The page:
Some thoughts on hatchets/small axe
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Some thoughts on hatchets/small axe

This is a discussion on Some thoughts on hatchets/small axe within the Knives, Swords, Blades, Axes, Spears, Daggers, Machetes forums, part of the Weapons, Protection, Self Defense, Hand to Hand Combat category; For weeks now ive been in the woods cutting down beetle kill pine trees and bucking them up for firewood. In the process ive built ...

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Thread: Some thoughts on hatchets/small axe

  1. #1
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    Some thoughts on hatchets/small axe

    For weeks now ive been in the woods cutting down beetle kill pine trees and bucking them up for firewood.
    In the process ive built a wood shed and a few other odds and ends using small diameter logs.
    It involves notching, peeling, shaping and delimbing. A few other projects that also require some handy blade work as well. In all cases I found both small and large knives were very inadequate for the job. My small cheap hatchet became my handy tool of choice. Normally I dont use hatchets much so I figured a large blade would do anything a hatchet would. That doesnt seem to be the case.

    I keep my axes sharp enough to shave with. Ive met some who say they arent meant to be sharp, others that say its impossible to put a sharp edge on them... Meh... I like them sharp and have no trouble puting a razor edge on one (yes it handles the abuse)
    My hatchet has been serving well as a small axe for splitting stuff a knife a scraper and everything in between.

    Ive owned a few of the store baught hawks and hatchets (tactical type)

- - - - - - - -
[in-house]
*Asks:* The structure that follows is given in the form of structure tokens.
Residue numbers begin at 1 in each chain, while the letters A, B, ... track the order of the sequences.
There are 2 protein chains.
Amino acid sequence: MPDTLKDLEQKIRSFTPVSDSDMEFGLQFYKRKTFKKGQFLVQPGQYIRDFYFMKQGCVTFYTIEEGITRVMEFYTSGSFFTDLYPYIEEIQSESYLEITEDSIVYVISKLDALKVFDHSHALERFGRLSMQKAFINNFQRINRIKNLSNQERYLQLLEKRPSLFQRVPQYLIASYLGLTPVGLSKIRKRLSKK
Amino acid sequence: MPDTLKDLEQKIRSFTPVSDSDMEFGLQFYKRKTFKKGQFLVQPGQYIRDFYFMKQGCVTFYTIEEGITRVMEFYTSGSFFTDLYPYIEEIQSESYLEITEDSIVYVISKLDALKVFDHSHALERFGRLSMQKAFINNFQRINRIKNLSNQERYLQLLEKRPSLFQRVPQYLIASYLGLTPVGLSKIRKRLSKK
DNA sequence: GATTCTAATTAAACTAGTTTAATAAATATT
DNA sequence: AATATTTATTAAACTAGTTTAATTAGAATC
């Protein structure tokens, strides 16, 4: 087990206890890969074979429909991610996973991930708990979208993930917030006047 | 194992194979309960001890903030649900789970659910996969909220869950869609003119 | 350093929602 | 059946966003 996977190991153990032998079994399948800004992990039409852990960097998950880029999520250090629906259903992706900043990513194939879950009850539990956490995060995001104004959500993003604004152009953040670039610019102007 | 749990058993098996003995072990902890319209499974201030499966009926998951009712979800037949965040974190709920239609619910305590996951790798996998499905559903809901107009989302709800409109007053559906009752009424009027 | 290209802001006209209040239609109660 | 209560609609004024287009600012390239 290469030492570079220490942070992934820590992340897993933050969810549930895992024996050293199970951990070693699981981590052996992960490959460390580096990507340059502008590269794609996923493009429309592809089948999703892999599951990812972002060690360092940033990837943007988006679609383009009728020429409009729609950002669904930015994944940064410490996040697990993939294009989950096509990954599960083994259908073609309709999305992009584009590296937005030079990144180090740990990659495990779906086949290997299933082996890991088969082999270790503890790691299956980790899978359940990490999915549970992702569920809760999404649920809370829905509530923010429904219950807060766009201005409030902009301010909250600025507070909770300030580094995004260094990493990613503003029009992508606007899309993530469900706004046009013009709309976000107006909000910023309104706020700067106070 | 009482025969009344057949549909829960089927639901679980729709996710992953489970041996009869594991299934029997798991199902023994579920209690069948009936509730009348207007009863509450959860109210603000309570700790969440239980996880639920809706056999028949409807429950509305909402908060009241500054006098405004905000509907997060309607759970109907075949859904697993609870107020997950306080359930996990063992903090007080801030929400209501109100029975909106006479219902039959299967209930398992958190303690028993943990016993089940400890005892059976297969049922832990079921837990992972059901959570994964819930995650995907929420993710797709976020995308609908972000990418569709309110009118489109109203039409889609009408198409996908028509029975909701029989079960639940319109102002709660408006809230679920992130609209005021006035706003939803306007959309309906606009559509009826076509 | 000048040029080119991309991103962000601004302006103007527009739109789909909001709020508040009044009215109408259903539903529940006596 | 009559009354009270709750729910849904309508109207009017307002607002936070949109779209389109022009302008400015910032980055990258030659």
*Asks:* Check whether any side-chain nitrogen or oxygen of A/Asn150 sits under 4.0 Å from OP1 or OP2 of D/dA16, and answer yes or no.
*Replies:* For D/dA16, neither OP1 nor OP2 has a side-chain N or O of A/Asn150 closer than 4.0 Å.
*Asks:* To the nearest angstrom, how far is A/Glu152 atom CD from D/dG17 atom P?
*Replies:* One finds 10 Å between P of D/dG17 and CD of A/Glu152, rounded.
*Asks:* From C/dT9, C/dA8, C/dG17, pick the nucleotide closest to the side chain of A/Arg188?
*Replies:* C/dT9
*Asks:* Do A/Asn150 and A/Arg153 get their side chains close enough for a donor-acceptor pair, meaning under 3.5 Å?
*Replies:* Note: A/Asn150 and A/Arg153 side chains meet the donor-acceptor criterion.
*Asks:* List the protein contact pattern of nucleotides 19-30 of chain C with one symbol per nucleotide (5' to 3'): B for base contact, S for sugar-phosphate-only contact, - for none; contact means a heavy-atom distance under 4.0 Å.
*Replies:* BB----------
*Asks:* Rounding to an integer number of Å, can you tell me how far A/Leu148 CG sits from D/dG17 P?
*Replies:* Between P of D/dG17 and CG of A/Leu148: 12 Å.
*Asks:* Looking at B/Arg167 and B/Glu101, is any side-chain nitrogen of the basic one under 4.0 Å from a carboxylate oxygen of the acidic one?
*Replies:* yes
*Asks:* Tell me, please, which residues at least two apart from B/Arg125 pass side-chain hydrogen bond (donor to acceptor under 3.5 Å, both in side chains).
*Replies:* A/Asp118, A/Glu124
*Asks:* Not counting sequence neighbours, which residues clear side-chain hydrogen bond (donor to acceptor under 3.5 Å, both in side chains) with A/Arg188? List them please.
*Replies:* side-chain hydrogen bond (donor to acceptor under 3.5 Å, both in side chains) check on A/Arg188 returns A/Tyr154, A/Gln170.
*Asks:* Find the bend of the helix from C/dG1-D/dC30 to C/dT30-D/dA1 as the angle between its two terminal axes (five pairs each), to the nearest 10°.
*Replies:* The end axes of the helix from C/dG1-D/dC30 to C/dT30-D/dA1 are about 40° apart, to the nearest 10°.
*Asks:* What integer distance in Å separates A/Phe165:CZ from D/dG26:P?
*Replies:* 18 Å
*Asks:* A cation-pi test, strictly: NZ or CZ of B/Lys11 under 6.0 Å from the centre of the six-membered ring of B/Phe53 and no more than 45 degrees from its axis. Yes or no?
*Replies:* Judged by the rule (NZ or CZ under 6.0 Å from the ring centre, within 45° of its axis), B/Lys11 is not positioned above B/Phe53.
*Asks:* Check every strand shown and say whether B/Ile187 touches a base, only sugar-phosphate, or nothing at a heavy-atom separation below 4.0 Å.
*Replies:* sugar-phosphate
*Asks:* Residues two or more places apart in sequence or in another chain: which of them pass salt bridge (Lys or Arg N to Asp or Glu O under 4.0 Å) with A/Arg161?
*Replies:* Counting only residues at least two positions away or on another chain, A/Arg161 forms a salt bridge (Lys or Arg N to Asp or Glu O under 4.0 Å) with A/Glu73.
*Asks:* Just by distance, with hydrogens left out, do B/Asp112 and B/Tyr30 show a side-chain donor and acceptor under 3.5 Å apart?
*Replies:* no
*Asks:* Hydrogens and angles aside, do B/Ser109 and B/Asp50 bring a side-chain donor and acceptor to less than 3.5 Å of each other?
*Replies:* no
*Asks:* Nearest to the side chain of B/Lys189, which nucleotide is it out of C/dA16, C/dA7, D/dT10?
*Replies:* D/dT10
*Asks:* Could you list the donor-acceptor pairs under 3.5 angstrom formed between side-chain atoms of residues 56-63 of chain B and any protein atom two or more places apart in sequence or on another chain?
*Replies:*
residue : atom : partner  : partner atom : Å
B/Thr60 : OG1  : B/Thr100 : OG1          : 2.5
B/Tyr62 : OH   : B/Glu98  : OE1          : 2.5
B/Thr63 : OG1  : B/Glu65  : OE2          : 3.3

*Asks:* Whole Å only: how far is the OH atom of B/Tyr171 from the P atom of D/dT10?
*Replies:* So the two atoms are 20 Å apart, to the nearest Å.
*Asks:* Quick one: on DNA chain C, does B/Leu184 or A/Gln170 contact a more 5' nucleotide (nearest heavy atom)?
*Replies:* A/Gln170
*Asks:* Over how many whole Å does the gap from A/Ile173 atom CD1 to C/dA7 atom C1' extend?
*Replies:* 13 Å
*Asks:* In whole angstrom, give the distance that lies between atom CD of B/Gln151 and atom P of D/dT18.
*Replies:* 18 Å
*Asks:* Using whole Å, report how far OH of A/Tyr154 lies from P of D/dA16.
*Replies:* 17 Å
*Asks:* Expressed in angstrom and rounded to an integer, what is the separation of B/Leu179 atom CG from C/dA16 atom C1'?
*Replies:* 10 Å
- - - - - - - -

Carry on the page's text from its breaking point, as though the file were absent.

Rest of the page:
They were all to light or had an edge and shape that I didnt like very much.
    Hatchets like this one from a hardware store... A little better shap and it has the weight and balance that works well for me. But these are often cheaply made and painted to cover flaws. The edge is also a bit narrow for my use.

    It occurred to me... The axes that were used in the past by some tribal groups are almost perfectly designed.
    Something like a small broad axe. Shorter than a splitting maul or wood axe. Longer and heavier than a hawk or hatchet. Slightly thinner blade body and a longer cutting edge.

    If a knife isnt cutting it for you... This could be an option to consider.

  2. #2
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    Just like guns, one blade can not do it all well. I agree with you that the shaper the edge, the more efficient such a tool is.
    Blessed be God, my rock who trains my hands for battle, my fingers for war. Psalms 144:1

    Victory can depend on a dog or a goose---Napoleon

  3. #3
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    I have a hatchet like this one. Is that what you are talking about?
    Some thoughts on hatchets/small axe-k2-_a1f97477-9ecb-44f0-9c94-30e342ab0f97.v1.jpg

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  5. #4
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    I bought one of the Gerber/Fiskars boy axes. I love it. Need to make a cover for it.
    Blackcat likes this.
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  6. #5
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    I have a full size single bit axe, a single bit axe with a somewhat shorter handle, and an Estwing hatchet like that pictured above.
    I also have two bow saws, one in my truck, one in my shop.
    For clearing brush I have a brush axe, 4 or 5 machetes, and a sugar cane knife.